Say you have a COM Object and you call one of it's functions (It has a vtable with funcs).

Now in one of those functions you want the returnaddress of where you'll land AFTER the call, now the first entry on the stack won't be the returnaddress to where the COMObject calls but rather in vtable land or something....
I tried via asm (mov eax, ) I also tried via the intrinsic function _ReturnAddress and from multiple functions in the vtable and all returned the same address, how would I go about getting the right returnaddress, to where the COMObject is originally called via... ?
Posted on 2003-07-21 18:52:37 by SFP
If I get what you mean....

The interface pointer points to the place where the list of functions is held... so you need to derefernce it.

Object --> vtable pointer -> Func1 pointer, Funct2 pointer, ect

So to call a method you just do this psudo code does:



push paramLast
...
push param2
push param1
push IPointer
mov eax, IPointer
mov eax, [eax]
call [eax + (4 x Function Number)]


If you make a structure of the interface, you can simplify the coding with an invoke, even better, make a macro to automate it.

Take a peek at the COM section, there is a large body of work on using COM in asm (the only problem being no two people do it the same way, so you have to pick and choose what you need).
Posted on 2003-07-21 23:04:28 by Ernie
Actually I need the REVERSE...



mov eax, IPointer
mov eax, [eax]
call [eax + (4 x Function Number)]

The function you call there is my code that is when you call the function in the vtable, you are calling a function I have coded, lets call it TestFunction....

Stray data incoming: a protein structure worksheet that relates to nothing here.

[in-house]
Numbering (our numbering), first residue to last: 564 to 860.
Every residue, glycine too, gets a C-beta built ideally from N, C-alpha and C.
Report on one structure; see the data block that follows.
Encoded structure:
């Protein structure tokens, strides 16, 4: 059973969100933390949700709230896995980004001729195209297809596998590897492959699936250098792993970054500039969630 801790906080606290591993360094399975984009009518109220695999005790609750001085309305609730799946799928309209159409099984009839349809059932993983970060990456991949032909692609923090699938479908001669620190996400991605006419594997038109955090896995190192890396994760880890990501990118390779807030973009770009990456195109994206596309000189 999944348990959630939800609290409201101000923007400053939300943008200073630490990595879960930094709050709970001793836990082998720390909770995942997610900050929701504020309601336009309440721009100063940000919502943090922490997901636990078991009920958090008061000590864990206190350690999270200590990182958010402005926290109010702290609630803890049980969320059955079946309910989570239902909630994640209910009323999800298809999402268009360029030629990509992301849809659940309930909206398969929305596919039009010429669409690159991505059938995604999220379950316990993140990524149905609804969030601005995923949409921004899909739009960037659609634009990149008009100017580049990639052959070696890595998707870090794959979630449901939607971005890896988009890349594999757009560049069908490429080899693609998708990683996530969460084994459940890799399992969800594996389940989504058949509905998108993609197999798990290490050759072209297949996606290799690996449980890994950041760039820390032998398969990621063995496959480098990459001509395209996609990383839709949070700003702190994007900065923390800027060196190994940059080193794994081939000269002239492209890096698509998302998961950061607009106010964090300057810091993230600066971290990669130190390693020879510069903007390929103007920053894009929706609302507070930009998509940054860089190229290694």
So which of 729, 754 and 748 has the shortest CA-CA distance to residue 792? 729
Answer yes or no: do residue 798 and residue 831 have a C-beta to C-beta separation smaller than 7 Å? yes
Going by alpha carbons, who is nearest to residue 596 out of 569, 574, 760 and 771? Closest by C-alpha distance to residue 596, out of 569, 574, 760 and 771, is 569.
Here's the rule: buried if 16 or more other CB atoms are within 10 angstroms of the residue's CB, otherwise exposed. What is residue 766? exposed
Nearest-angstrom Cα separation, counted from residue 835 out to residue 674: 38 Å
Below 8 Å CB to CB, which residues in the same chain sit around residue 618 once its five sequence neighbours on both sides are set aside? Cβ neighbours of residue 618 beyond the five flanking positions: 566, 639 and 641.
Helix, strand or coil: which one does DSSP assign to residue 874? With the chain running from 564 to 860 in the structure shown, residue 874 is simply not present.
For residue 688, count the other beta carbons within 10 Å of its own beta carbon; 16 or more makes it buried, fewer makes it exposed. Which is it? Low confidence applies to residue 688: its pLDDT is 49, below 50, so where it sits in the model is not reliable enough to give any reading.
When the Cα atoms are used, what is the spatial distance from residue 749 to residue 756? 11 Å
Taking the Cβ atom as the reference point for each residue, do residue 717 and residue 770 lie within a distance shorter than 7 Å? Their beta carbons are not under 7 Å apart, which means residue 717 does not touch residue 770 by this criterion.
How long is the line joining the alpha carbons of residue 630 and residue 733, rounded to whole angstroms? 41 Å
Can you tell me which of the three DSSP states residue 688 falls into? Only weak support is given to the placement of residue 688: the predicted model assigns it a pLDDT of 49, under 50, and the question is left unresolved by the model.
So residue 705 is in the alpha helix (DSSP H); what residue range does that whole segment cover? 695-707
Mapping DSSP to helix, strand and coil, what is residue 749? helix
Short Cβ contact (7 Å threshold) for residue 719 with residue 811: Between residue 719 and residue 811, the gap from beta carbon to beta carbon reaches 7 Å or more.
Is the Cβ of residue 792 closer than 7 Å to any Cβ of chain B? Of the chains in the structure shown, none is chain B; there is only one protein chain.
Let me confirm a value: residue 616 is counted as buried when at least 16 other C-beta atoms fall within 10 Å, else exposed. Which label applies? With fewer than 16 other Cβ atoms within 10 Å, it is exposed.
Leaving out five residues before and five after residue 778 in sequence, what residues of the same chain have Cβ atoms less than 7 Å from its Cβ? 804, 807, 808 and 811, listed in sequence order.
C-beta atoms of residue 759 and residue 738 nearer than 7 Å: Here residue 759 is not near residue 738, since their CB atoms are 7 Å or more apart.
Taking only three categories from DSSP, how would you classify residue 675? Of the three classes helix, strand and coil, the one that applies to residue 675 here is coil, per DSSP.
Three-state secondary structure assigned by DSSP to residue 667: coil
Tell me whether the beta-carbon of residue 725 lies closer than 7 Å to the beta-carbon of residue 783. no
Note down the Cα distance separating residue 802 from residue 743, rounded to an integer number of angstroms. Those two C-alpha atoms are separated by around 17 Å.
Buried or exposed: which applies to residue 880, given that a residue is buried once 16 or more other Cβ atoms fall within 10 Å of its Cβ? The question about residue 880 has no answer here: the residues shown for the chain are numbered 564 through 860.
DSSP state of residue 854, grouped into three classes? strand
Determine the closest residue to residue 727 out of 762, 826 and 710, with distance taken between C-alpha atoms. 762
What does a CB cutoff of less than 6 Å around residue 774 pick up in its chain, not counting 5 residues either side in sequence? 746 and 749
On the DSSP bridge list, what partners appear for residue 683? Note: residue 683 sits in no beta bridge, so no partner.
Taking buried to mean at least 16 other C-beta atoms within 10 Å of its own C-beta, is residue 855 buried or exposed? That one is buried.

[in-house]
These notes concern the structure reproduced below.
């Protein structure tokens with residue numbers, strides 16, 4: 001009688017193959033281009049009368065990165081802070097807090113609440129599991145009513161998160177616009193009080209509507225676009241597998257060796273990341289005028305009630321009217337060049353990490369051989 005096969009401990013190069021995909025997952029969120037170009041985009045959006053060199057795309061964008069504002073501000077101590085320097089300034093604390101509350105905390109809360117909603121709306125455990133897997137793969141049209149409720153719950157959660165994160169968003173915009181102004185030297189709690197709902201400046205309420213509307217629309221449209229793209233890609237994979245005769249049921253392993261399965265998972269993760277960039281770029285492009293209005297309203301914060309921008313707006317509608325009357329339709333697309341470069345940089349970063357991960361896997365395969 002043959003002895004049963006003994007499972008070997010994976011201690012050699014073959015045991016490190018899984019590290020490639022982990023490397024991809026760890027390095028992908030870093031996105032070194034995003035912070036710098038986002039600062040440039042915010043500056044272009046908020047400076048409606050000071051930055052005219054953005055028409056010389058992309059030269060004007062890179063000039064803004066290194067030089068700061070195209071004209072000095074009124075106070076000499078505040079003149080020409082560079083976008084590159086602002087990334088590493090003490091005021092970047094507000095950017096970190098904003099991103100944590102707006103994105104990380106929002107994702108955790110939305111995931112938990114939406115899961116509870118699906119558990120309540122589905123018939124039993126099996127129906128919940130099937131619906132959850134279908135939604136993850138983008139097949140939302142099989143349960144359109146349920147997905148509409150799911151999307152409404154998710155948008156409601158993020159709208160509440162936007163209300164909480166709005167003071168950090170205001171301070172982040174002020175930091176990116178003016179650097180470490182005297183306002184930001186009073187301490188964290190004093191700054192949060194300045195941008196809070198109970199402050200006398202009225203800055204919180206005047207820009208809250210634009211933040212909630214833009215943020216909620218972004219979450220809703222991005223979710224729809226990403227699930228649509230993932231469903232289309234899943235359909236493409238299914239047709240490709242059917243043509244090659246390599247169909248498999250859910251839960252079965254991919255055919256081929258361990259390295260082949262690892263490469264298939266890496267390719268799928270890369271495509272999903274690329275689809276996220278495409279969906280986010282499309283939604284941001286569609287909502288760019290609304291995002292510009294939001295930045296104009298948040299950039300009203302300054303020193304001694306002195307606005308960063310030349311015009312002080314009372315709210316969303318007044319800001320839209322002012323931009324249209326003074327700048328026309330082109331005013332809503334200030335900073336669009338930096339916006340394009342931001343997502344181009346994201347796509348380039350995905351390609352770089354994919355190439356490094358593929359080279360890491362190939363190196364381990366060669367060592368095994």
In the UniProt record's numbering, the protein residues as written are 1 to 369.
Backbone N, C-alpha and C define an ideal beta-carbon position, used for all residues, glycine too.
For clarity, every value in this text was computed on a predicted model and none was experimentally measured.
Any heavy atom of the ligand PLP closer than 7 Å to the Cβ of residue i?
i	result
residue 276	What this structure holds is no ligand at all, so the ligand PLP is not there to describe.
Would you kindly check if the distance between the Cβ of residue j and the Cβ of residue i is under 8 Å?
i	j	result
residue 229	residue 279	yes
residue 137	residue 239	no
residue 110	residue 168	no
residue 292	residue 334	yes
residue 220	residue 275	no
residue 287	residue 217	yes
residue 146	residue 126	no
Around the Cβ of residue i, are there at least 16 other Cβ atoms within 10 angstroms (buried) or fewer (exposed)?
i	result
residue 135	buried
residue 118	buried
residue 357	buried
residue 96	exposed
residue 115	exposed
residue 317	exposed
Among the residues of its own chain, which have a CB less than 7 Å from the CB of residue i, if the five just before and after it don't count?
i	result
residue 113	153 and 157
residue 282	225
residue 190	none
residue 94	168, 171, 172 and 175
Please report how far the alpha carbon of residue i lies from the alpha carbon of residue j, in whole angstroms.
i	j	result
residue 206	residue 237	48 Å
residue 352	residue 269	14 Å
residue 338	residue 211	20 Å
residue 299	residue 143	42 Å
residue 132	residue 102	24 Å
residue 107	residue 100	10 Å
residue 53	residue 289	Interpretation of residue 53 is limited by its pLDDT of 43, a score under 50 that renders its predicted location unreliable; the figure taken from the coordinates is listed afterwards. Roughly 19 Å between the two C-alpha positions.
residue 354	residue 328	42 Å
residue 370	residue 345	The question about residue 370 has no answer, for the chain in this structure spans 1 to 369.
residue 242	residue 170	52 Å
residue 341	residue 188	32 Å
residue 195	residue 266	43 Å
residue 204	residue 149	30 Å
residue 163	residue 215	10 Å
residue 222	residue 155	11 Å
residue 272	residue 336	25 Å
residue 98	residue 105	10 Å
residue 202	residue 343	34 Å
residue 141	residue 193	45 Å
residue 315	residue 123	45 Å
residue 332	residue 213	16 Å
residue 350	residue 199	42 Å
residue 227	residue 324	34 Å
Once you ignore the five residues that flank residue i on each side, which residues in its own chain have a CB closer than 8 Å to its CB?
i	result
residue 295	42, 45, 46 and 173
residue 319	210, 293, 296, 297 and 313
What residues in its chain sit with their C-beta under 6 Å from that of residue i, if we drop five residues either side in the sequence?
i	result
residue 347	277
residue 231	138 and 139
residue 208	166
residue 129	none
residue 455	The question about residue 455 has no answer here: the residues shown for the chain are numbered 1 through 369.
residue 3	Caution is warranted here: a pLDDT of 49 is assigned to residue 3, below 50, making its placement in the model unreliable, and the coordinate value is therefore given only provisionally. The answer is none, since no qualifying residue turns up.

Now in TestFunction I need to get the RETURNADDRESS ! Where my app will land AFTER TestFunction. Now mov eax, will NOT work, I'm not sure why but I've done mov eax, in like 10 different functions and all give me the same returnaddress.... It doesn't seem right, maybe I'm doing it wrong or misunderstanding results...
Posted on 2003-07-22 08:24:45 by SFP
Are you doing something different like using PROC instead of an ordinary label?

PROC, by default, will add code to save EBP and add local variables, both of which will alter ESP.

Also, are you calling from ASM or calling from HLL code? If there are two procedure calls in a row, some old optimizers will stuff the address of the second procedure in place of the return address (for the first), "chaining" it.

There's also the possibility that you are finding the return address of the marshalling code. In which case, you can't know the return address (it might be in a different process).
Posted on 2003-07-22 16:12:19 by tenkey

Are you doing something different like using PROC instead of an ordinary label?

PROC, by default, will add code to save EBP and add local variables, both of which will alter ESP.

Also, are you calling from ASM or calling from HLL code? If there are two procedure calls in a row, some old optimizers will stuff the address of the second procedure in place of the return address (for the first), "chaining" it.

There's also the possibility that you are finding the return address of the marshalling code. In which case, you can't know the return address (it might be in a different process).

I'm using C++ for the main code, but I'm using asm trying to grab the retaddr.
It's like

obj = CreateFunc(param);

Then obj->somefunc(param); obj->someotherfunc(param, param );
the thing is that
if I inside the somefunc decide to check retaddr (mov eax, ) I will get the same result nomather where I call somefunc from....
if I did
obj->somefunc(param);
whatever();
obj->somefunc(param);

and check retaddr in both those somefunc calls (same function that is) I get same value at ...
Posted on 2003-07-22 17:17:48 by SFP